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Published by New Standards
Sep 9, 2015 · by Elli Smerling
Though Labor Day has passed, we still have till September 22nd to relish in the warmth, precipitation, and memories of summer. At The Jonathan Channel, we continue to share the memories of songwriters’ summers at camp in the early part of the 20th century. So far we have ventured to the Weingart Institute, to Camp Wigwam, and to Camp Paradox; hearing many stories about Richard Rodgers and Larry Hart before they were even acquaintances. Though their time at camp did not overlap, they shared formative experiences that enhanced their partnership and work. Even after they began collaborating both returned to camp; Rodgers to Paradox and Hart to Brant Lake Camp.
Brant Lake is a thin, long, recreational lake surrounded by glacial mountains. The camp which shares its name was conceived and founded by three physical education teachers, Bob Gerstenzang, Jack Malloy and Joseph “Unc” Eberly. The young men were from New York City and had been counselors at Camp Paradox. They decided to break away and start a camp of their own, and invited some of their camp pals along, including Larry Hart.
From the first year in 1917, Hart was in charge of weekend entertainment, and organizing summer shows. Larry would write skits for campers and occasionally adapted longer shows. He would do whatever he needed to do to have the show succeed; including stealing props from the infirmary and kitchen, never returning a thing. Among Larry’s fellow counselors at Brant Lake were his Paradox pals Mel Shauer and Eugene Zucker. Mel was Larry’s songwriting partner during the first summer, and lifelong friend.
Even when his close pals did not return to camp the following summers, Larry kept on coming back. Camp was a refuge from reality and a vessel for creativity and success. While he was trying to become something in the real world there is no doubt he was already something at Brant Lake. The camp newspaper, the Bee Ell See, from July 7, 1918 reported on Hart’s talents after the first show of the summer; “all praise is due to him for the way he ‘pulled it through’ If the first show is to be taken as a standard, the shows this year should rank favorably with the amateur performances of the city.”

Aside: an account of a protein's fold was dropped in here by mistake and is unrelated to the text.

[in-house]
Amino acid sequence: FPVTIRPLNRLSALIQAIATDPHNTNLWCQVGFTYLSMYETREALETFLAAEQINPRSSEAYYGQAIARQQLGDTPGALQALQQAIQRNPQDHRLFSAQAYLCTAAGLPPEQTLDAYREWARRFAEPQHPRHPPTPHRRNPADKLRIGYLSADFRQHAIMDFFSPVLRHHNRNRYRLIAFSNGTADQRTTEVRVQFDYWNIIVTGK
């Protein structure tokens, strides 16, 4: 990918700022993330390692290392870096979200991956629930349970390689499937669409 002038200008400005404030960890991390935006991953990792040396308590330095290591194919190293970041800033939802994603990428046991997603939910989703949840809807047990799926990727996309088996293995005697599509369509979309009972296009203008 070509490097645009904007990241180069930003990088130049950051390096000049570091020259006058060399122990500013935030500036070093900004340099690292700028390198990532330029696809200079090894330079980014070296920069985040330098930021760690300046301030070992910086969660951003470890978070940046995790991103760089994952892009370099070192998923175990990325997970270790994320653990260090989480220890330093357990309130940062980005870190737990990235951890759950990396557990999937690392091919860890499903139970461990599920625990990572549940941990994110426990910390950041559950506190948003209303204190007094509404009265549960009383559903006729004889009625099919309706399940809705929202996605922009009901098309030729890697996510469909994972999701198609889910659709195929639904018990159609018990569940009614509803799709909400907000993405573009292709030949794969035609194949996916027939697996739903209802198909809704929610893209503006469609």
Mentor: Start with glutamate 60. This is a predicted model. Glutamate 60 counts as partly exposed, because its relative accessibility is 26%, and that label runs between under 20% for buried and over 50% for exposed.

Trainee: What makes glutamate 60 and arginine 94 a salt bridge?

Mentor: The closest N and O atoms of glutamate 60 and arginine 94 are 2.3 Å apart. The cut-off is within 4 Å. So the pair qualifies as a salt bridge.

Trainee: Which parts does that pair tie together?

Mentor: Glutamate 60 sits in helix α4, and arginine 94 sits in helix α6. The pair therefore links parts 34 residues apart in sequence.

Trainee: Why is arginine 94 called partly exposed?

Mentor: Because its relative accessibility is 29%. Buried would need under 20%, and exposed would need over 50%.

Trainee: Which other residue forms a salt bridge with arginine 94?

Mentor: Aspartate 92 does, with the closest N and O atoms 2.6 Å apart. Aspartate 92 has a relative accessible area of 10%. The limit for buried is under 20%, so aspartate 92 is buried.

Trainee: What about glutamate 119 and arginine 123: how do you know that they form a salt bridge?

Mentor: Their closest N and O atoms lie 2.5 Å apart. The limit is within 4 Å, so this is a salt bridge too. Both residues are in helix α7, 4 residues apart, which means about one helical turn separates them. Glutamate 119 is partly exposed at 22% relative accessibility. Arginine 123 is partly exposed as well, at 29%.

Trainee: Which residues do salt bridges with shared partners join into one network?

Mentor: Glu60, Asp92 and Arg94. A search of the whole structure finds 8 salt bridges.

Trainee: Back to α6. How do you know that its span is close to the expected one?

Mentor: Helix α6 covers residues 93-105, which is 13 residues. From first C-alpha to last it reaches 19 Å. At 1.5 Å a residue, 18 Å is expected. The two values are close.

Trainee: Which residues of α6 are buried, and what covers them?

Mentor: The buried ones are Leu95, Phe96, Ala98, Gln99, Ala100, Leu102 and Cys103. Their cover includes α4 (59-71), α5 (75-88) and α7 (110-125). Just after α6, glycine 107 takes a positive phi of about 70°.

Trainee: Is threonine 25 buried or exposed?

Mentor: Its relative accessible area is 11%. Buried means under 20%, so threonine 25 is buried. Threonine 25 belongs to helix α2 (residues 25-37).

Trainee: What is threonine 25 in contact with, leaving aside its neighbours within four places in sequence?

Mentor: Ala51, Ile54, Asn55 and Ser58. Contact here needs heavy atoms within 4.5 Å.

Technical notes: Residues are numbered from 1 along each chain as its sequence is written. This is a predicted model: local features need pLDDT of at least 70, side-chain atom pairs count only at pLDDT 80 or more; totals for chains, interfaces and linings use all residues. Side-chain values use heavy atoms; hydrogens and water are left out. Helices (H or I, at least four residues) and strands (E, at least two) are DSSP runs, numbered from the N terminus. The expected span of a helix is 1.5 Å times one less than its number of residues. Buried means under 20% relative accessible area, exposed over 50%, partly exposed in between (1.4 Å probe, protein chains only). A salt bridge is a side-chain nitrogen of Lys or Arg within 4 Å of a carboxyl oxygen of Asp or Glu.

In the summer of 1919 Hart found himself a new writing partner. Milton Thomashefsky, son of the great Yiddish actors Boris and Bessie Thomashefsky. Mickey Thomas, as he was more popularly known, wrote numerous songs with Hart including the music for a musical comedy B-R-A. This included the song “Green and Gray” celebrating the camp’s colors:
We are the boys who always win
Any fight that we begin;
That’s why we’re proud to say
We’re from Brant Lake Camp today.
We will fight today
For the Green and Gray
And our hearts are loyal and true,
When we meet the foe
We will let them know
What old Brant Lake Camp can do.
With a battle roar,
We will ask for more,
Ever hungry for the fight.
The good old Green and Gray will fix you,
And it always fixes right!
Larry’s camp spirit was not just seen in his songs. He continued to return to Brant Lake even when he was no longer on the camp payroll. Staying in nearby lodging, he continued to write for and help with camp productions.
When Arthur Schwartz was working at Camp Kiowa in Pennsylvania as a counselor, a close friend of Larry Hart, Doc Bender, played him some early Rodgers and Hart songs. Schwartz was enthralled by the music and Bender recommended he switch camps to meet Hart, who vacationed near Brant Lake. So the next year, Schwartz switched, and he wasn’t disappointed, “It was a much better camp. I got much better money, much better food. And I got to work with Larry.” Together they wrote many camp related songs like “Down at the Lake,” “Up at B-L-C,” “Last Night,” and the Brant Lake favorite “I Love to Lie Awake in Bed.”
I love to lie awake in bed
Right after taps I pull the flaps above my head
I let the moon shine on my pillow
O, what a light those moonbeams shed.
I feel so happy I could cry
And tears are born within the corner of my eye.
To be at home with Ma was never like this.
I could live forever like this.
I love to lie awake awhile
And go to sleep with a smile.
Years later, Schwartz would repurpose this Melody for a musical The Little Show of 1929, with Lyrics by Howard Dietz. The song became “I Guess I’ll Have to Change My Plan.”
Here is Mel Torme with the one and only Jonathan Schwartz presenting both sets of lyrics to an audience at Marty’s
As demonstrated throughout this series the experience of camp was incredibly important for these songwriters. Camp provided an outlet for their creative minds. They were unafraid to be inventive, smart and goofy when writing these songs. The only risk they had was a bad review in the camp newspaper. So they wrote, and wrote and wrote. Improving upon their skills and gaining confidence in their abilities. For a counselor like Arthur Schwartz, clothes weren’t the only thing he packed in his trunk home that summer; stowed away at the bottom was a melody.